PORT ST. LUCIE, Fla. — County leaders in St. Lucie County are organizing a town hall to help clear the air of myths surrounding the coronavirus vaccine.
WPTV spoke with several residents Thursday in Port St. Lucie who said their No. 1 concern is that the coronavirus vaccine is too new to get.
"It's something I'm not in a rush to get," resident Frank Salek said.
"I mean, it's brand new, right? It's like taking a new medication," resident Cheryl Nasso said.
Residents are voicing their concerns, but doctors are working to put their indecisiveness to rest.
"The science behind it, the technology behind it, is not new," said Infectious Disease Specialist Dr. Leslie Diaz. "This is not a live virus vaccine. You're not going to get infected with a live virus."
Diaz said you cannot catch the coronavirus from getting the vaccine. However, side effects, not to be confused with the actual virus, are possible.
"You may get a fever of 102 or 103 [degrees]. Yes, you may get body aches. That is overwhelming inflammation of different proteins that are produced in the process of producing the antibodies," Diaz said.
The spread of misinformation has forced St. Lucie County leaders to host a "COVID Vaccine Myth Buster Town Hall" on Feb. 4.
Residents with questions about COVID-19 or the vaccine are welcome to attend the town hall in person or virtually. County officials said attendance will be limited to less than 50 people to allow for social distancing. For those watching on Facebook Live, staff will be fielding questions posted in the comment section to the panel.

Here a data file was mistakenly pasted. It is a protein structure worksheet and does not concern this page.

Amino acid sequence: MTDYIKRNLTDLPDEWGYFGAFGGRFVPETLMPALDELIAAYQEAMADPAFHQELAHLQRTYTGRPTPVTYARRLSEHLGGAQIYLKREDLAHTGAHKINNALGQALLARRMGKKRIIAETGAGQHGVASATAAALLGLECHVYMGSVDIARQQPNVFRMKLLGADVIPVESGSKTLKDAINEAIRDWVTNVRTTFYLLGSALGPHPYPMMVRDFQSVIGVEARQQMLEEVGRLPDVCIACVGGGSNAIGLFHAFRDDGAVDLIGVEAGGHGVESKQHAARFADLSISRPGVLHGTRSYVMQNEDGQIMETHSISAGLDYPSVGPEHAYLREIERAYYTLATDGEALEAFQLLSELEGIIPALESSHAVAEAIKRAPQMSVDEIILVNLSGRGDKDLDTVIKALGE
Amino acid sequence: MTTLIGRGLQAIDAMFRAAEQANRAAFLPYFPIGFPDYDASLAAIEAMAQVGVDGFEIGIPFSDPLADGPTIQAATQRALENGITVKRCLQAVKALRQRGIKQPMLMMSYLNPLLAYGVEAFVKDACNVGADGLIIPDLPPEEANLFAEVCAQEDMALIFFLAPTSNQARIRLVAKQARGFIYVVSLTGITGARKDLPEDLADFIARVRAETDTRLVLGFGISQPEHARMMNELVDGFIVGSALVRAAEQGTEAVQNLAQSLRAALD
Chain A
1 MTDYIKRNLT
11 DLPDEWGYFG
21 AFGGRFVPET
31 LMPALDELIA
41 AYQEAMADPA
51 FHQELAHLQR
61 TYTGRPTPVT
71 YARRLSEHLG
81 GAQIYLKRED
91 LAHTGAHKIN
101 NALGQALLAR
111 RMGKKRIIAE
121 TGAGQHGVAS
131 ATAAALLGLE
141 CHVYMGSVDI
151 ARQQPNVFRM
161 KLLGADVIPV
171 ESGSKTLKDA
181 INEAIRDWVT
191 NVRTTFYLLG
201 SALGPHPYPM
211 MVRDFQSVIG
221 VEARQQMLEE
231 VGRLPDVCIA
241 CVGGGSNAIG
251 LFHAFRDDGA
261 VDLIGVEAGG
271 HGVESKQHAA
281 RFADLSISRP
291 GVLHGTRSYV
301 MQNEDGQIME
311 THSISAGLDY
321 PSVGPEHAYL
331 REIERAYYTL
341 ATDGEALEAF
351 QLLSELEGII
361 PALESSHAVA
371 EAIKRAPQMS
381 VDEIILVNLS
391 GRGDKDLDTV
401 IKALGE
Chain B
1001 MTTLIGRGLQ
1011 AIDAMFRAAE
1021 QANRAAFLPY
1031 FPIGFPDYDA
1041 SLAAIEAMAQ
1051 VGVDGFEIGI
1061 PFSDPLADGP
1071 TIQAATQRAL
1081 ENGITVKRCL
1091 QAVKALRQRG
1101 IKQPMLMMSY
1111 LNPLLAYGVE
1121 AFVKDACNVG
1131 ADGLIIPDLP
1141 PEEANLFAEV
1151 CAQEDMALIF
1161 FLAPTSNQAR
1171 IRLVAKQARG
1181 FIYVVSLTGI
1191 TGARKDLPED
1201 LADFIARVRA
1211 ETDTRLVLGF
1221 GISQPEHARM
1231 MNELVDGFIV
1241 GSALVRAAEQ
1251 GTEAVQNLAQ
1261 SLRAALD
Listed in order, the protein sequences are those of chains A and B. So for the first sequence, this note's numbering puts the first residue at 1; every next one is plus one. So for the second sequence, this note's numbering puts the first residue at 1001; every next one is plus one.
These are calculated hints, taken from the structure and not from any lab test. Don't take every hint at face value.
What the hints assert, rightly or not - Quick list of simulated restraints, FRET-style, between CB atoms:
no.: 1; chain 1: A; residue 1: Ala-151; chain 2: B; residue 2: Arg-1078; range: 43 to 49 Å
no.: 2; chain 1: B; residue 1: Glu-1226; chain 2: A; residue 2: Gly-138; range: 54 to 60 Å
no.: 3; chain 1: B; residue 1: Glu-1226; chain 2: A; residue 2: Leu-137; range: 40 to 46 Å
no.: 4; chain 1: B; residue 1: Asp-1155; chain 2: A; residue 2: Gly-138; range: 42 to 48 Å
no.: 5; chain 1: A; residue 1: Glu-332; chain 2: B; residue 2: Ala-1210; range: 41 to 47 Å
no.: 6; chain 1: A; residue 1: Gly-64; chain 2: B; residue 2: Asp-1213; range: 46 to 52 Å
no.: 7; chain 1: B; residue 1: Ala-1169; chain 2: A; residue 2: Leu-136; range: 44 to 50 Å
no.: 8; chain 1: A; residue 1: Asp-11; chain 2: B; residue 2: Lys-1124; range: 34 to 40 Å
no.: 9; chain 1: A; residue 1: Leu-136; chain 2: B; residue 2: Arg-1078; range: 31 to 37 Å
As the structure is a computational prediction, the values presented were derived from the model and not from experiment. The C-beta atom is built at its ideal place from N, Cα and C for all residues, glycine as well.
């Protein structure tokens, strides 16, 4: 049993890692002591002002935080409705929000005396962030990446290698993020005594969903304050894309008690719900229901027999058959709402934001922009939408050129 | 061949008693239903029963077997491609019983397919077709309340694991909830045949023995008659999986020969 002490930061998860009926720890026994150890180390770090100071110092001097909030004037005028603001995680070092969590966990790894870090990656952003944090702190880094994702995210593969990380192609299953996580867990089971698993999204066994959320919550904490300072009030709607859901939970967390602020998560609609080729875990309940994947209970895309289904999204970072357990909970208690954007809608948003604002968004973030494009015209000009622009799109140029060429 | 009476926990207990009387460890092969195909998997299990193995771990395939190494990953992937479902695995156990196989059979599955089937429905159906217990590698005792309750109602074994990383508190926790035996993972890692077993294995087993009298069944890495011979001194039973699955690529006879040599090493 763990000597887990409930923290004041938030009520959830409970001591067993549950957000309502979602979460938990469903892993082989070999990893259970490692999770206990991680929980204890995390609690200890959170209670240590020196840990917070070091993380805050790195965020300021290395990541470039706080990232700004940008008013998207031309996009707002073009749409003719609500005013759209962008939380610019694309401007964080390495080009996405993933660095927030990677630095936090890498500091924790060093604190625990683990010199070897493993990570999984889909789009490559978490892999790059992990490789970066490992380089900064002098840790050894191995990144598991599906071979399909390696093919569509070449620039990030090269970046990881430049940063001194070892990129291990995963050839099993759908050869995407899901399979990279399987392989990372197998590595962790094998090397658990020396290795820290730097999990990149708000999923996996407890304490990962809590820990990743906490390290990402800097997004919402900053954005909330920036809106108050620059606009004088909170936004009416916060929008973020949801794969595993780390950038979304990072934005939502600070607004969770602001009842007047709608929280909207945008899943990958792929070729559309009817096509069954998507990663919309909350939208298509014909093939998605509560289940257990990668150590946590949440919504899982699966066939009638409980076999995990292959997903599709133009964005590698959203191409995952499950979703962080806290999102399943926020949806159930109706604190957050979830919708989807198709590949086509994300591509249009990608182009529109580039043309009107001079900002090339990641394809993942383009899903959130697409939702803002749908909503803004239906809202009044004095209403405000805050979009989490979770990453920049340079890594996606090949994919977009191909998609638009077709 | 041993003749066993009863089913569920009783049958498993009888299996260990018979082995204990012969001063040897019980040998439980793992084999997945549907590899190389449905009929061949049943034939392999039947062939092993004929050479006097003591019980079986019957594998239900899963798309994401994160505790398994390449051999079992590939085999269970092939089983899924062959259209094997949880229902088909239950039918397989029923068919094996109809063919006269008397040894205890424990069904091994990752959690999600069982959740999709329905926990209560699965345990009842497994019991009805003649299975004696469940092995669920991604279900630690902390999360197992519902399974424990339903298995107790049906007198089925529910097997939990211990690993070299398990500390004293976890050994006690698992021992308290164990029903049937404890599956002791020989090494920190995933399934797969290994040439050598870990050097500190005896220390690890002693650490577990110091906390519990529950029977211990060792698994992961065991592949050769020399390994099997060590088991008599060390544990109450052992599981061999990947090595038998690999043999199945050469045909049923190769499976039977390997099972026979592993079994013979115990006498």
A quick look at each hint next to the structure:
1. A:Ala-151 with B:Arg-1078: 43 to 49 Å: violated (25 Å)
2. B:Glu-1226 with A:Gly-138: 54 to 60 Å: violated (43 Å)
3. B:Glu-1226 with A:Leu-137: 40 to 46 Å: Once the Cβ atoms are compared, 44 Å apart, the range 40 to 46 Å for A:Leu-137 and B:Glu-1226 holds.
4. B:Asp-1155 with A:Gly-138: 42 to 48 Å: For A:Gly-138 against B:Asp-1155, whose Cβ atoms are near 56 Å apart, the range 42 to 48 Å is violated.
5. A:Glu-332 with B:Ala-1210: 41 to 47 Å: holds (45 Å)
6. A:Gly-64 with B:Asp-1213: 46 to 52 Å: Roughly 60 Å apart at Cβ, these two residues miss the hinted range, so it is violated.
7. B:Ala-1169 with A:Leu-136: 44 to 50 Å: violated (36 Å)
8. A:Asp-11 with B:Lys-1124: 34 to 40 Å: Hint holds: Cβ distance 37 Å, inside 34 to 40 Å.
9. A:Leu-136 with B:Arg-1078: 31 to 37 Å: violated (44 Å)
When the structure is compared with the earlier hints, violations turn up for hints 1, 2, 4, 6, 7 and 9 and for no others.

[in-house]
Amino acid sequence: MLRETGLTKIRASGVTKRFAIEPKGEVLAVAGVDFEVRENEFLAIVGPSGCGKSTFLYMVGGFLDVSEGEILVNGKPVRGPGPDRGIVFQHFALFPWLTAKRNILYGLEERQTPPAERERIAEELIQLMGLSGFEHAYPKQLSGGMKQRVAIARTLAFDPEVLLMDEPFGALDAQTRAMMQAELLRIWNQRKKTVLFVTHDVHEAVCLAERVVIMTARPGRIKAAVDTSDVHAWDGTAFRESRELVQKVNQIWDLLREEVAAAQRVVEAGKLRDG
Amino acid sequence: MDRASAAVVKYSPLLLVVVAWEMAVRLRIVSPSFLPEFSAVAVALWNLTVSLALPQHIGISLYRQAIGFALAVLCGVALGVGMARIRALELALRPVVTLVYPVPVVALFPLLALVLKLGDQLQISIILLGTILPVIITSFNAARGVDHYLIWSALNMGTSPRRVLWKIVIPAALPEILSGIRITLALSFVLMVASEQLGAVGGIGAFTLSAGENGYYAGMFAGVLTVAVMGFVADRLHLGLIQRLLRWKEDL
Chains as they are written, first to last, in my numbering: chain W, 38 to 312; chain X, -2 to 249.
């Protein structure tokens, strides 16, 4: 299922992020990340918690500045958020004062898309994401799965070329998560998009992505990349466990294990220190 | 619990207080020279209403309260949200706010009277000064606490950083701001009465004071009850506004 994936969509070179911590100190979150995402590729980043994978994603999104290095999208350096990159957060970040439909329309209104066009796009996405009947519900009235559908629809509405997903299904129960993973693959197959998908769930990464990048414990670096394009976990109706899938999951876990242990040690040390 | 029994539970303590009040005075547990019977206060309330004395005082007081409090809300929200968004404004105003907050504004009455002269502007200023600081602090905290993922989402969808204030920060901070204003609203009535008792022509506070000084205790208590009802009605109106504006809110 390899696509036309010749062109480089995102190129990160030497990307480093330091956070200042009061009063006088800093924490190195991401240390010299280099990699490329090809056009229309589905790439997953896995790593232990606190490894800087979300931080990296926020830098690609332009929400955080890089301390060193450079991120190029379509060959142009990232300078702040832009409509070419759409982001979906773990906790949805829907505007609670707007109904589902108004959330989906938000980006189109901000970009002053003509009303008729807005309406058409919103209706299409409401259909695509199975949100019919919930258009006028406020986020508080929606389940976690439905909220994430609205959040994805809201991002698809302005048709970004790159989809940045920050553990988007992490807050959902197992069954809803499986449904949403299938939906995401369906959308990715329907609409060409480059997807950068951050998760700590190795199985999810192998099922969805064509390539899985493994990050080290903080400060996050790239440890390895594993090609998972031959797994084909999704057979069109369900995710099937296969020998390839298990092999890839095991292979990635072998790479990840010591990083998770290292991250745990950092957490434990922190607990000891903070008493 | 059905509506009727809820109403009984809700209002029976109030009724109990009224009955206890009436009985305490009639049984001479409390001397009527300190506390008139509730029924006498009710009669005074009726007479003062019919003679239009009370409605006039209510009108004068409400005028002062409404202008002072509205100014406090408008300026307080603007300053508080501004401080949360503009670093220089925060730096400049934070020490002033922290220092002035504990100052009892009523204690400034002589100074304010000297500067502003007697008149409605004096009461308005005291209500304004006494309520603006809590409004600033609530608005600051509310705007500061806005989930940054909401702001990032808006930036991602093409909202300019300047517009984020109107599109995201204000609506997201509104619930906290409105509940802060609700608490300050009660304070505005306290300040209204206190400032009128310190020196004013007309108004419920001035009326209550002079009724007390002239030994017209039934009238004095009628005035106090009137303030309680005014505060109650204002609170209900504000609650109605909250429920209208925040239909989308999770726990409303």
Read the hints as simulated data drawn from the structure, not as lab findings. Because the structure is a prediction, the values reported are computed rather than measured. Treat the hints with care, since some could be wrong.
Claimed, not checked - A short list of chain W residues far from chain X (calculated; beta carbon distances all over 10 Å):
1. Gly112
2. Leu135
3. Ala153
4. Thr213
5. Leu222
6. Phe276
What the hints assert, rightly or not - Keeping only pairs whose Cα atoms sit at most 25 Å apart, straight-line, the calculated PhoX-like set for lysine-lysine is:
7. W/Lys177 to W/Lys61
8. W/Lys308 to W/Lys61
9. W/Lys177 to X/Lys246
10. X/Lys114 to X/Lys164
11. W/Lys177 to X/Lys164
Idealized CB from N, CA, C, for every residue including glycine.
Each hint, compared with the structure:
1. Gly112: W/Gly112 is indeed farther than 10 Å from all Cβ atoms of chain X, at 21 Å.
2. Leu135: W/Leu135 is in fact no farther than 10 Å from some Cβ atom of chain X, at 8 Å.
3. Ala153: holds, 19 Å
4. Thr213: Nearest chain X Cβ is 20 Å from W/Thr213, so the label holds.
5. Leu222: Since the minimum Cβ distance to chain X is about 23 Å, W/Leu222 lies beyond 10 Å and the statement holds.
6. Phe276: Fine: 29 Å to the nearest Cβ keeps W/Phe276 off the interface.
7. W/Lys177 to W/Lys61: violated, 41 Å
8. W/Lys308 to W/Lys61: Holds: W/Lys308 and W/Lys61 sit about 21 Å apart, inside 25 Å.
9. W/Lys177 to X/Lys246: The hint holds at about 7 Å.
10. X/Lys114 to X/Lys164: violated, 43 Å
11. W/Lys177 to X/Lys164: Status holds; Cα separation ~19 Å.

The panel for the town hall will include:
- Florida Department of Health in St. Lucie Administrator Clint Sperber
- Dr. Wilhelmina N. Lewis with Florida Community Health Florida Community Health Centers
- Dr. Moti Ramgopal with Midway Specialty Care Center
- Dr. Fernando Petry, chief medical officer with Cleveland Clinic Martin Health
"I kind of want to see how this all plays out over the next couple months, so I'm not rushing to get to the front of the line [to get the vaccine]," Salek said.
Diaz said with tens of thousands of people already vaccinated months ago, long-term effects would be known if they existed.
"The facts are that if you go beyond two to three months and nothing happens to you, the likelihood of that happening are almost next to zero that is related to the vaccine," Diaz said.
Unless everyone is on board, she said it will be hard to get back to life like it was before the pandemic.
"I think it's the responsibility of everybody to strive and meet that goal of herd immunity because by doing that, it really will save us from having to continue the vicious circle," Diaz said.
She advises patients not to take any anti-inflammatory medications prior to getting the vaccine because there is not enough data to show whether it will decrease the efficacy of the vaccine.